By Chino S. Leyco
The Department of Finance (DOF) proposed improvements to the Tax Incentives Management and Transparency Act (TIMTA) to enable the government to make public the list of corporations that receive tax incentives and how much such perks are costing Filipino taxpayers.
Finance Undersecretary Karl Kendrick Chua said the proposal forms part of government efforts to make fairer, targeted, more accountable and transparent the current system of corporate taxation, which he has described as a “chaos of priorities that demand harmony.”
On making incentives transparent by amending the TIMTA, Chua pointed out that when the government gives an incentive to one group, another group pays for it in the form of higher taxes, which should have the right to know who is benefiting from its hard-earned money.
In 2016, some 3,102 corporations paid discounted corporate income tax (CIT) rates of six percent to 13 percent granted by 14 investment promotion agencies (IPAs) on the strength of 336 special laws for corporations.
In contrast, some 90,000 small-and-medium enterprises (SMEs) that employ 2.5 million Filipino workers in the country, pay the regular CIT rate of 30 percent, which is the highest in the region.
“This is what we mean by being transparent. We propose that the names of firms receiving incentives be made public, including the amount of their incentives and contributions to society,” Chua said.
He said the government must stop granting hundreds of billions of pesos yearly to only a select group of companies that have already become profitable through lower taxes and other perks, and have been enjoying these incentives for decades.
Chua said the proposed reforms in corporate taxation, which comprise Package two of the Duterte administration’s comprehensive tax reform program (CTRP), is “pro-investment and pro-incentive” because it aims to lower the CIT rate, while broadening the tax base.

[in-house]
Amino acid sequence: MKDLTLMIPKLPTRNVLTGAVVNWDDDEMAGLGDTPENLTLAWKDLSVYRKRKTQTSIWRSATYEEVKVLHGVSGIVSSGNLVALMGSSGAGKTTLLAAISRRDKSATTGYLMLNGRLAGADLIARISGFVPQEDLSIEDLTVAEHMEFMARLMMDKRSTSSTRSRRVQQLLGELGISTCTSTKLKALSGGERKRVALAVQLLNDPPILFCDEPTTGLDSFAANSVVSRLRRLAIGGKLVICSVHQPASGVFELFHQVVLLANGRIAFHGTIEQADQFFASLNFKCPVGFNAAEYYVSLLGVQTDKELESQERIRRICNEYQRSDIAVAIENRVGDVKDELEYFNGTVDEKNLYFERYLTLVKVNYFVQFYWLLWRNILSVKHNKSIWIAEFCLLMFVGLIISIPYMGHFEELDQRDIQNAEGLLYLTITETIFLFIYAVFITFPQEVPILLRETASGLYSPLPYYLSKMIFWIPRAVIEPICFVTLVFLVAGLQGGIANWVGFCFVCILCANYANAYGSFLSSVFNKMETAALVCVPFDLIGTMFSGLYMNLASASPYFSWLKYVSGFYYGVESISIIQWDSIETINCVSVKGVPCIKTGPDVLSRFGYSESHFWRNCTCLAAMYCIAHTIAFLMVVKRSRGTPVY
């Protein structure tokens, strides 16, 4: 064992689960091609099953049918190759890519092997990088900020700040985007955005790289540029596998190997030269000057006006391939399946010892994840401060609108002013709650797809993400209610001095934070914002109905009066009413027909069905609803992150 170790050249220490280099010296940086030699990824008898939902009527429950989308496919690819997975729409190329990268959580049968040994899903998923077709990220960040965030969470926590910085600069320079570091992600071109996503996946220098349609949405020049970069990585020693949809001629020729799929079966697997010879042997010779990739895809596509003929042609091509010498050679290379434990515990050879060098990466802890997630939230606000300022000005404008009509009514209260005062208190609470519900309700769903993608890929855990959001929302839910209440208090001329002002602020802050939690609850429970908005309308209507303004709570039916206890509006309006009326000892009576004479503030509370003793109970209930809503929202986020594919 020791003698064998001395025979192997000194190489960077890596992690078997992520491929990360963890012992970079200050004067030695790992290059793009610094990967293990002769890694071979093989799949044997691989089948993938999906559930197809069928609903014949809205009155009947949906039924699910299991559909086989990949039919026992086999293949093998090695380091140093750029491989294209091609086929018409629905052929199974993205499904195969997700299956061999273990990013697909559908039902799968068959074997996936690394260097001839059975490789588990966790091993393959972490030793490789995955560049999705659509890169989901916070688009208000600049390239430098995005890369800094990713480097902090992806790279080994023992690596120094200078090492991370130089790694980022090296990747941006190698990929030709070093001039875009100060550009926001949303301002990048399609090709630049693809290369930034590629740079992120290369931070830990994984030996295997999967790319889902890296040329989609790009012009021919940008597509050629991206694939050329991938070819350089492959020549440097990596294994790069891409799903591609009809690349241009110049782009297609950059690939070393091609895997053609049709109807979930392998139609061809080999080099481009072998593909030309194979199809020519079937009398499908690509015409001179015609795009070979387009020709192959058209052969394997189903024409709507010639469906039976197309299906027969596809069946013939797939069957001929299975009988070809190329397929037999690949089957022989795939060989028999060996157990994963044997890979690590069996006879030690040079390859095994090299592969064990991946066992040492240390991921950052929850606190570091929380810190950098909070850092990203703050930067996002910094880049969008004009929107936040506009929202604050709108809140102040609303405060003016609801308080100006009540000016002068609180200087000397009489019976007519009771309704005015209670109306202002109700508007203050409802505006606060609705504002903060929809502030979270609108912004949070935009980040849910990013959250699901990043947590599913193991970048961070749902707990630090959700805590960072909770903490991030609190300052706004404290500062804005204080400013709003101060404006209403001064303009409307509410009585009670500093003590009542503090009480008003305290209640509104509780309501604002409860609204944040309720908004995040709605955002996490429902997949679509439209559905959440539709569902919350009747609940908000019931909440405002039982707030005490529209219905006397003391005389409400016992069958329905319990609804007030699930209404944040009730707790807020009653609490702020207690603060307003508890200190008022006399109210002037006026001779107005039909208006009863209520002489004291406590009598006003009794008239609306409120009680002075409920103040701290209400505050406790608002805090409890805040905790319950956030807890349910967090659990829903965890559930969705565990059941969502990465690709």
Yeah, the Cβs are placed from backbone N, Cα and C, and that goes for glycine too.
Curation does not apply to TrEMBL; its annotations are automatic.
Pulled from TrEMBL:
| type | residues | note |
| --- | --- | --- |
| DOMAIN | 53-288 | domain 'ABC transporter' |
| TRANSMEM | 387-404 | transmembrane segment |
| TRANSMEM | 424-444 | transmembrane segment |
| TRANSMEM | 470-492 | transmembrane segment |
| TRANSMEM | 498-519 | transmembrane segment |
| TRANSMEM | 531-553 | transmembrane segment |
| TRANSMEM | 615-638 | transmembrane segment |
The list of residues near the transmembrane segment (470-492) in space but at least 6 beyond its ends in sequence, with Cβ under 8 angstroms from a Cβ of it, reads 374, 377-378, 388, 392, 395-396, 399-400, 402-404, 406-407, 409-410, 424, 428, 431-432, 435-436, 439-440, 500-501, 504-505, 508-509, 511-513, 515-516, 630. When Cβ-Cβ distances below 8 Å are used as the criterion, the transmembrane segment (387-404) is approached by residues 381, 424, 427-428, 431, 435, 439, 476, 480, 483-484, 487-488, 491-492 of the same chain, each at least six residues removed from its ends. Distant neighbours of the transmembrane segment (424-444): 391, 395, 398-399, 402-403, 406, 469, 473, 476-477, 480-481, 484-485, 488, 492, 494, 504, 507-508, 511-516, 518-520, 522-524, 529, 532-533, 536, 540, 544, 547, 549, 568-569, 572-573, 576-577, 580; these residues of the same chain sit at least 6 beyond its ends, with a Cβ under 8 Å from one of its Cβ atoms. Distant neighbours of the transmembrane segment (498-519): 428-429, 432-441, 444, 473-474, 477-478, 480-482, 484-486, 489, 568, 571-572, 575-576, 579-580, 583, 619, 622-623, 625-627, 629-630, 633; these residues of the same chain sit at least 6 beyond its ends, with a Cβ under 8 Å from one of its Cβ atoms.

“We recognize the value of incentives as a key component of a country’s policy toolkit. We assert, however, that incentives should not be given indiscriminately at the expense of building up our more powerful attractions,” Chua saud.
“First, a skilled and hardworking talent pool that needs sufficient human capital investments, second, an ambitious infrastructure development program that requires fiscal commitment, and third, a sizable SME community that deserves to be treated fairly,” he added.
The House of Representatives has already approved its version of Package two — the Tax Reform for Attracting Better and High-quality Opportunities (TRABAHO) bill last September 10. The Senate version of the bill is still pending at the committee level.
Chua said the approved House bill, which calls for reducing the CIT rate from 30 to 20 percent over 10 years, “is hardly inflationary while creating millions of jobs over the medium term as firms expand with more money at their disposal.”
“Moreover, we will continue to support firms or activities that are priority with tax incentives that are performance-based, targeted, time-bound, and transparent,” Chua said.
He compared an enterprise getting incentives to a student who receives a scholarship, which is given not forever and not without conditions.
The student “must pass the course and get a good grade. If he doesn’t, then he loses the scholarship. This is what performance-based means. We propose that firms that enjoy incentives must be bound by a contract on job creation or export targets, for instance,” Chua said.
“Although we want to help as many sectors as possible — and this is what we currently do with some 336 special laws that grant incentives — we cannot and should not because we cannot afford to give incentives left and right without a commensurate increase in the tax rates,” Chua said.
He said this is why the DOF is proposing that the sectors chosen to receive incentives should “really matter for the future. This is what targeted means. We propose that all sectors that satisfy the criteria set forth in the Strategic Investment Priority Plan or SIPP be granted competitive incentives.”